Scarcity : The Promise of Rain

Scarcity The Promise of Rain review

There are many words to describe The Promise of Rain that make it sound unbearable; grating, loud, exhausting, laborious, torturous even. None of them refer to how metal it is, like how you could call a death metal album “gnarly” or a grindcore record “punishing.” No, these terms describe Scarcity’s second album on a purely auditory level. The Promise of Rain plays like the New York group is bashing their microphones into their foreheads until they draw blood.  

By starting the record with “In the Basin Of Alkaline Grief,” it’s as if Scarcity don’t want you to hear their music. The guitars screech like strangled dogs and the bass is almost absent, leaving you nothing to latch onto. Comparing it to nails on a chalkboard wouldn’t be entirely incorrect. Four tracks deeper into the LP and “Venom & Cadmium” acts as a glass of water after a night of Jager bombs, even though it’s a repugnant offshoot of melodic black metal. 

You’d almost think Scarcity evolved as a reaction to metal for how vile they are, but bandleader Brendon Randall-Myers does not have a background in metal. He’s been a member of the Glenn Branca Ensemble since 2016 and assumed conducting duties when Branca passed in 2018. The no wave and noise rock figurehead instilled a penchant for brutally loud and dense audio in Randall-Myers, only for those tendencies to mutate with the latter’s long-distance running career. The endurance and mental fortitude necessary to move your body at a formidable pace for miles on end cultivates a certain type of person who wants to challenge their tolerance for pain and punishment. The focus necessary to complete a marathon, the kind that shuts the world off and topples over walls that erect themselves 20 miles into a run, is a definitive part of Randall-Myers’ artistry. It’s a large reason why he connected to metal in the first place

That’s not the only personal revelation that Randall-Myers has embedded into Scarcity. The group’s 2022 debut album Aveilut was an on-the-nose personification of grief and isolation that Randall-Myers composed as a way to cope with losing two close people in a short period of time. His only collaborator was Doug Moore, one of the best metal vocalists at portraying experiences that evade simple artistic expression. He’s captured the frustrations that negative thought loops create on Seputus’ Phantom Indigo and the tolls that modern labor and productivity standards take on us through Pyrrhon’s Abcess Time. He’s also a member of Glorious Depravity and Weeping Sores, two death metal bands—if you couldn’t tell by their names. 

The Promise of Rain marks another growth for Randall-Myers as it’s about being open to relying on others. It’s a forehead-smackingly obvious lesson that we know to be true even though we, through our own traumas and dispositions, don’t always apply it in our lives. Just because it’s on the nose and elementary doesn’t make it any less affective. In fact, Scarcity take it to its most bastard extremes.

They throw Aveilut’s patience out the window to make space for a full band. For The Promise of Rain, the duo recruited Lev Weinstein of Krallice, Dylan DiLella of Pyrrhon, and Tristan Kasten-Krause, a collaborator of Sigur Rós and Steve Reich. Each of the new recruits’ resumes implied how batshit the album would be, though that seemingly wouldn’t be enough, so Scarcity recorded the tracks in only one to two takes. There are some minor synths that prevent The Promise of Rain from sounding exactly like a live album, but besides that, it is a bonfire of a recording.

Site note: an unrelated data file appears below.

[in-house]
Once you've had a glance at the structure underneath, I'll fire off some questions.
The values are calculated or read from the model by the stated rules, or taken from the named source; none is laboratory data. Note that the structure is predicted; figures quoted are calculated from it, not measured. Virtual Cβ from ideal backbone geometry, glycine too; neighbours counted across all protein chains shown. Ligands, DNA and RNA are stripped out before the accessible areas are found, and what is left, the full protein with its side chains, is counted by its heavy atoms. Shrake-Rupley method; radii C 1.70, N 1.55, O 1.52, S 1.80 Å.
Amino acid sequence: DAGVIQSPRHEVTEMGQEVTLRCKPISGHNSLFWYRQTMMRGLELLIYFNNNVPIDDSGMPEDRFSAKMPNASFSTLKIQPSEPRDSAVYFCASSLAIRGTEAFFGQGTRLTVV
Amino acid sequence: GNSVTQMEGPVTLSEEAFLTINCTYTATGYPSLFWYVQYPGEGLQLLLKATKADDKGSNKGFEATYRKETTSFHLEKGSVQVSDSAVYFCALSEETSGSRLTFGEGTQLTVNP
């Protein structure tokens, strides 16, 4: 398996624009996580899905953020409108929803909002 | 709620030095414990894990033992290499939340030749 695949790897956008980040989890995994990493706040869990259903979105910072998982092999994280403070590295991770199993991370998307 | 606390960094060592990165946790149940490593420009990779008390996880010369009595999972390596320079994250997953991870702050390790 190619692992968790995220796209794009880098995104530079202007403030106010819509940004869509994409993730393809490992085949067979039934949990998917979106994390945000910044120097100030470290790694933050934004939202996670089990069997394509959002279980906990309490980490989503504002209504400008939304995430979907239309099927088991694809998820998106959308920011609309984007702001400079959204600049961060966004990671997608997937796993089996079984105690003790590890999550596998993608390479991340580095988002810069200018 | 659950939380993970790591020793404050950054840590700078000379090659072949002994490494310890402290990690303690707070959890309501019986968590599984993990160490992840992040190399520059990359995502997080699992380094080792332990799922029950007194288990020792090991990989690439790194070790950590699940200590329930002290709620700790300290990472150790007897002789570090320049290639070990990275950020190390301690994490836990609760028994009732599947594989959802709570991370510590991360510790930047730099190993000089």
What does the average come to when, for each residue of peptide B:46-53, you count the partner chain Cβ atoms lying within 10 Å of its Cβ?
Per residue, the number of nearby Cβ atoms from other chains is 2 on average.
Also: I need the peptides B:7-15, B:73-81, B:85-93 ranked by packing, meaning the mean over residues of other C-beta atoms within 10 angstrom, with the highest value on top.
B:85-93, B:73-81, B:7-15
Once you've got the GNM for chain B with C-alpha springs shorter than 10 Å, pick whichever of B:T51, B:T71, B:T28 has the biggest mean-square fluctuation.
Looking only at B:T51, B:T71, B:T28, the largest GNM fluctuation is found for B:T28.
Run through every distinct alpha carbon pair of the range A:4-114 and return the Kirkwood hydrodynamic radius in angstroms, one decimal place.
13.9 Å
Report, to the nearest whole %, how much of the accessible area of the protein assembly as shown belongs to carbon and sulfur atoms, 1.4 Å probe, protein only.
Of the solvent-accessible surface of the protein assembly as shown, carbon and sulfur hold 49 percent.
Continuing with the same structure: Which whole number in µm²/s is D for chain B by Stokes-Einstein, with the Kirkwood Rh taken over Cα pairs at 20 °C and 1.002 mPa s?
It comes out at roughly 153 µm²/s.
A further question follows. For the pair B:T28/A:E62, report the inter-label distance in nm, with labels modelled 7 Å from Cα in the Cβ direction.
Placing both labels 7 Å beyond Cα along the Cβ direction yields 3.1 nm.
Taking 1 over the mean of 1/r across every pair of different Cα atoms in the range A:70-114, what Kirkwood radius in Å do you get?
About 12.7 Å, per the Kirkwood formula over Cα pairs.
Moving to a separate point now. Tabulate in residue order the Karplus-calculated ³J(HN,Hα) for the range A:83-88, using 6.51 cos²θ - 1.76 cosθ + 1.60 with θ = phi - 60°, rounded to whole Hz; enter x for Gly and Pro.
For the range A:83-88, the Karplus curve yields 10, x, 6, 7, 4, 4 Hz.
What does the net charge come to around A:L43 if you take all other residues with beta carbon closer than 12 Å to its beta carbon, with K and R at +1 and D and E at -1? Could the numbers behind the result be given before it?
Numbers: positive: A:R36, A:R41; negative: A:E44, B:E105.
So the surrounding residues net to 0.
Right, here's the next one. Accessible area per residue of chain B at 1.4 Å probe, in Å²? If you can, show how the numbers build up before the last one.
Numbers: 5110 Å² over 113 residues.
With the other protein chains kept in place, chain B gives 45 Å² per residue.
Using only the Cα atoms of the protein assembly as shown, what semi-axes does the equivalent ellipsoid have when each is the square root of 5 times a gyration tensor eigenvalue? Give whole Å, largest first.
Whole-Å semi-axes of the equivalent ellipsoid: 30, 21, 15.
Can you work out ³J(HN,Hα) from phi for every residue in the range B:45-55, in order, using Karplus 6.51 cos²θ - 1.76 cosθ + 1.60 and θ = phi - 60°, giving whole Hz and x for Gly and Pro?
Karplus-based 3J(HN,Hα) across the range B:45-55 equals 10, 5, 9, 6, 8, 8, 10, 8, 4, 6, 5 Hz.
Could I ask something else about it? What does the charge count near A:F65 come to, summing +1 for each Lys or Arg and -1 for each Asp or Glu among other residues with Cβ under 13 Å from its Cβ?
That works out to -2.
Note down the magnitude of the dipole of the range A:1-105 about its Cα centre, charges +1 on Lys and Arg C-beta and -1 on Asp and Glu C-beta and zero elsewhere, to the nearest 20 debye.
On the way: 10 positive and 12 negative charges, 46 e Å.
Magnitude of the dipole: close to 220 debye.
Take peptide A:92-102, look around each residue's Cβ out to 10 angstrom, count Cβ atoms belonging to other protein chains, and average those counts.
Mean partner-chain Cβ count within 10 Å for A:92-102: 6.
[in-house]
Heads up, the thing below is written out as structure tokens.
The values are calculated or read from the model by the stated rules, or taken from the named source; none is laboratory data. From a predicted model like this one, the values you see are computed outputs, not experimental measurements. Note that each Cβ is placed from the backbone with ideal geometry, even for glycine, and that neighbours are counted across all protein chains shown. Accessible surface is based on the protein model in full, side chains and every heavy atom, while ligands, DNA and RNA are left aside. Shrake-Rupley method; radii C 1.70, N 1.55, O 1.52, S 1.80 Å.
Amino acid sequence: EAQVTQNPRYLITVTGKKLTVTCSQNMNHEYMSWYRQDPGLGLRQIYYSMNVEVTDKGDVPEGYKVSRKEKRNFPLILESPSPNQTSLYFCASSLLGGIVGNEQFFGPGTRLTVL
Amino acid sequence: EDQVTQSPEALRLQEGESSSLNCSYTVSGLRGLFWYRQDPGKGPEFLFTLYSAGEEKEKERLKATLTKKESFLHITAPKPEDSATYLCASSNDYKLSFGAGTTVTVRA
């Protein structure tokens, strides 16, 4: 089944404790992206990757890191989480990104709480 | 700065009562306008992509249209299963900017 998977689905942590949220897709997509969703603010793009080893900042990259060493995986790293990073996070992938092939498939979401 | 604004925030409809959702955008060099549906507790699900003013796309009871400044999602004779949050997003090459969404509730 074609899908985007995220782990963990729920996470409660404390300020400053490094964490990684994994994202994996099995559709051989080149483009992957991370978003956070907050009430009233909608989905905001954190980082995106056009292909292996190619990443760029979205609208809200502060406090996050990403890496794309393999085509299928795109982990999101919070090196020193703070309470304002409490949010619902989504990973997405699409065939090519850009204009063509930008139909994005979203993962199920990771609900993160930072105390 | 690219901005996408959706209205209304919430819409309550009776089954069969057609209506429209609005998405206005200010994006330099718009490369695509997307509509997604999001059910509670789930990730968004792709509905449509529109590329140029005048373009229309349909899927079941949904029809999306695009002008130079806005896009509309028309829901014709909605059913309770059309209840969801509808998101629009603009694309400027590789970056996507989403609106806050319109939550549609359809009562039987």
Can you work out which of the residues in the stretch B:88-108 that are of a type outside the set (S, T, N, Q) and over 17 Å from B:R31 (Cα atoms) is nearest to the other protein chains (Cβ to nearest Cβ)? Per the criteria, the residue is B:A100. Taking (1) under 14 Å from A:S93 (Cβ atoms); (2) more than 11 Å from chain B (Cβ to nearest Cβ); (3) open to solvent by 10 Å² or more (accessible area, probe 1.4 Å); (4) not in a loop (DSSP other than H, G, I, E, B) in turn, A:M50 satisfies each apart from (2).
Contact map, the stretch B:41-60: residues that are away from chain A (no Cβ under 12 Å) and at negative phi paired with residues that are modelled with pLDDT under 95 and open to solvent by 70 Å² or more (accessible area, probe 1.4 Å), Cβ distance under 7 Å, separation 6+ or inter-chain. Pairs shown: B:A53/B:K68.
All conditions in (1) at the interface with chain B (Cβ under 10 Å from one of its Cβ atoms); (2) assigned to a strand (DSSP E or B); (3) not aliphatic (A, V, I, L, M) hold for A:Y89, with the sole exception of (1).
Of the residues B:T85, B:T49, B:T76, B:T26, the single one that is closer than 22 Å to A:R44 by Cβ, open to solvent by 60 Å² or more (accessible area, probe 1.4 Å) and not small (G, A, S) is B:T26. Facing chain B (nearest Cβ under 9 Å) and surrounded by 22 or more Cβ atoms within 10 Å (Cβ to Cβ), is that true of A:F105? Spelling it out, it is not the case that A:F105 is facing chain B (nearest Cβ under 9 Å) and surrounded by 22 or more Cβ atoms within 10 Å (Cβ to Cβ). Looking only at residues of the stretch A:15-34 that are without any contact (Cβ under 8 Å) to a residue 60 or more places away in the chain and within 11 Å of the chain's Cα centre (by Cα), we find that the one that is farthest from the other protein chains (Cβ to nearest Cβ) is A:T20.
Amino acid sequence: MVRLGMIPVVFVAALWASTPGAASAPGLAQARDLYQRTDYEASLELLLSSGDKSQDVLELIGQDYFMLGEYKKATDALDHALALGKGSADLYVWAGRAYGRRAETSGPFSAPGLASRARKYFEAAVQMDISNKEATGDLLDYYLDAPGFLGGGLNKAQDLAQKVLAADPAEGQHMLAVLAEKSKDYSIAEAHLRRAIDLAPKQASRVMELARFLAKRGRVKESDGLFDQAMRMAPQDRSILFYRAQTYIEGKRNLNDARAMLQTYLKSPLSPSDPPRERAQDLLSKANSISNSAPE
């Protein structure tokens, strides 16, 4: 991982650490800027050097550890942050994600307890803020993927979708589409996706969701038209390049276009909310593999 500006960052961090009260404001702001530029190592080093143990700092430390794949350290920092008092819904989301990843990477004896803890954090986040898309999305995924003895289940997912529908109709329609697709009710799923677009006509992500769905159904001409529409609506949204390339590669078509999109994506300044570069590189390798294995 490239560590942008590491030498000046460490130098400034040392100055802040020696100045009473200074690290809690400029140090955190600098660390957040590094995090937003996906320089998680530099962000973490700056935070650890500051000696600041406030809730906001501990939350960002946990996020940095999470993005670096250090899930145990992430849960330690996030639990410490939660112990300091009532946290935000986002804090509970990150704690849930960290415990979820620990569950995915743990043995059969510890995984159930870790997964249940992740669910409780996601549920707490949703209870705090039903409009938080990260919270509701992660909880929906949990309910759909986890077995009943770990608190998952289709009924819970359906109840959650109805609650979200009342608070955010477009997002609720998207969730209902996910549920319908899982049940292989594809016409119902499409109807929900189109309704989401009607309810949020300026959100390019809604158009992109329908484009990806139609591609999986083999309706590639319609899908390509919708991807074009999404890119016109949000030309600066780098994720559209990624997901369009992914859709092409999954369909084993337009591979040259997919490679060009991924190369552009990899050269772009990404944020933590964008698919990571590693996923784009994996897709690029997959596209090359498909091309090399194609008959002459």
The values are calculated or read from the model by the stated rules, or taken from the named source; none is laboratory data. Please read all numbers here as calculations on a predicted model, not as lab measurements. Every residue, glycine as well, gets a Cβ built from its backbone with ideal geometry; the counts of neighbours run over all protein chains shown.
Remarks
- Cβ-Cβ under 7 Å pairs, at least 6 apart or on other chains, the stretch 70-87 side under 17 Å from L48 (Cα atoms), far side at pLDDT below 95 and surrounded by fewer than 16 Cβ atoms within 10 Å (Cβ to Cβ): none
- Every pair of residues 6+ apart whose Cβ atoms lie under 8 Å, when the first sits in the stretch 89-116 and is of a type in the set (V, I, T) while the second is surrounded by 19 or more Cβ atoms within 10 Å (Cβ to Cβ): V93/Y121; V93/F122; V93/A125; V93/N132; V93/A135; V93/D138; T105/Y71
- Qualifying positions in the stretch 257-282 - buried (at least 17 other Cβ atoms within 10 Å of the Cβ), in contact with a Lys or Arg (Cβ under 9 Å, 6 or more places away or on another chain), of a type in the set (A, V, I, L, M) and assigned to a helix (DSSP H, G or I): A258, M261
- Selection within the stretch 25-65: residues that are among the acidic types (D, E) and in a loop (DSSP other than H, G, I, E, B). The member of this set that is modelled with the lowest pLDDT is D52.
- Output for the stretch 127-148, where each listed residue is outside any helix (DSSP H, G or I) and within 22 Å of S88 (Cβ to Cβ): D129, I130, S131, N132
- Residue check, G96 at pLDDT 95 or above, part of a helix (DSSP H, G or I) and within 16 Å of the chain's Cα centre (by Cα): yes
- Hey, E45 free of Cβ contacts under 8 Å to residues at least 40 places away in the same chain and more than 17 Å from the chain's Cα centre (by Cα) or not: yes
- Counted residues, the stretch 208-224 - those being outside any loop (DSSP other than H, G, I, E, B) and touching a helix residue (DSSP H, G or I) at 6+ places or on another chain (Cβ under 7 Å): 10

The album’s structure is tantamount to its success. Though each track is its own entity, unlike Aveilut, they rely on each other to form the whole. Each third of The Promise of Rain has its own identity, with the first being the most abrasive and experimental, the second hemming closer to sludge metal due to its slower pace and the bass leading the songs, and the final third pulling from various black metal strains. The closing track “The Promise of Rain” is a metropolitan take on symphonic black metal that’s so digestible it’s hard to believe it’s on the same album as “In the Basin of Alkaline Grief.” 

It’s not surprising that Scarcity cover so much ground. That’s what happens when you gather some of the most technical and adventurous extreme musicians in the New York area and put them in a proverbial instant pot. Their presence not only elevates The Promise of Rain over Aveilut from a performance perspective, but they bring the best ideas out of each other. Check the riff that erupts four-and-a-half minutes into “Scorched Vision” between Randall-Myers and DiLella for proof. Or, note the lack of blast beats on “Venom & Cadmium” and the free real estate their absence cultivates. It’s a case of more being less, and after the record’s more intensive first sections, it reveals that Scarcity are a fundamentally solid metal band even if they’re not melting their recording equipment. 

Since The Promise of Rain portrays that, in the group’s own words, “burdens are easier to bear when distributed,” it’s reliant on Scarcity’s cohesiveness. It would fail on a thematic level were the band out of step with one another because their mantra would be incorrect. Of course, it’s clear Scarcity has proved their point. It may not be obvious, but The Promise of Rain is joyful. It actively appreciates all involved members by emulating the ecstasy of a live show. Given that, it doesn’t seem so unbearable after all.

Label: Flenser

Year: 2024

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Scarcity The Promise of Rain review

Scarcity : The Promise of Rain

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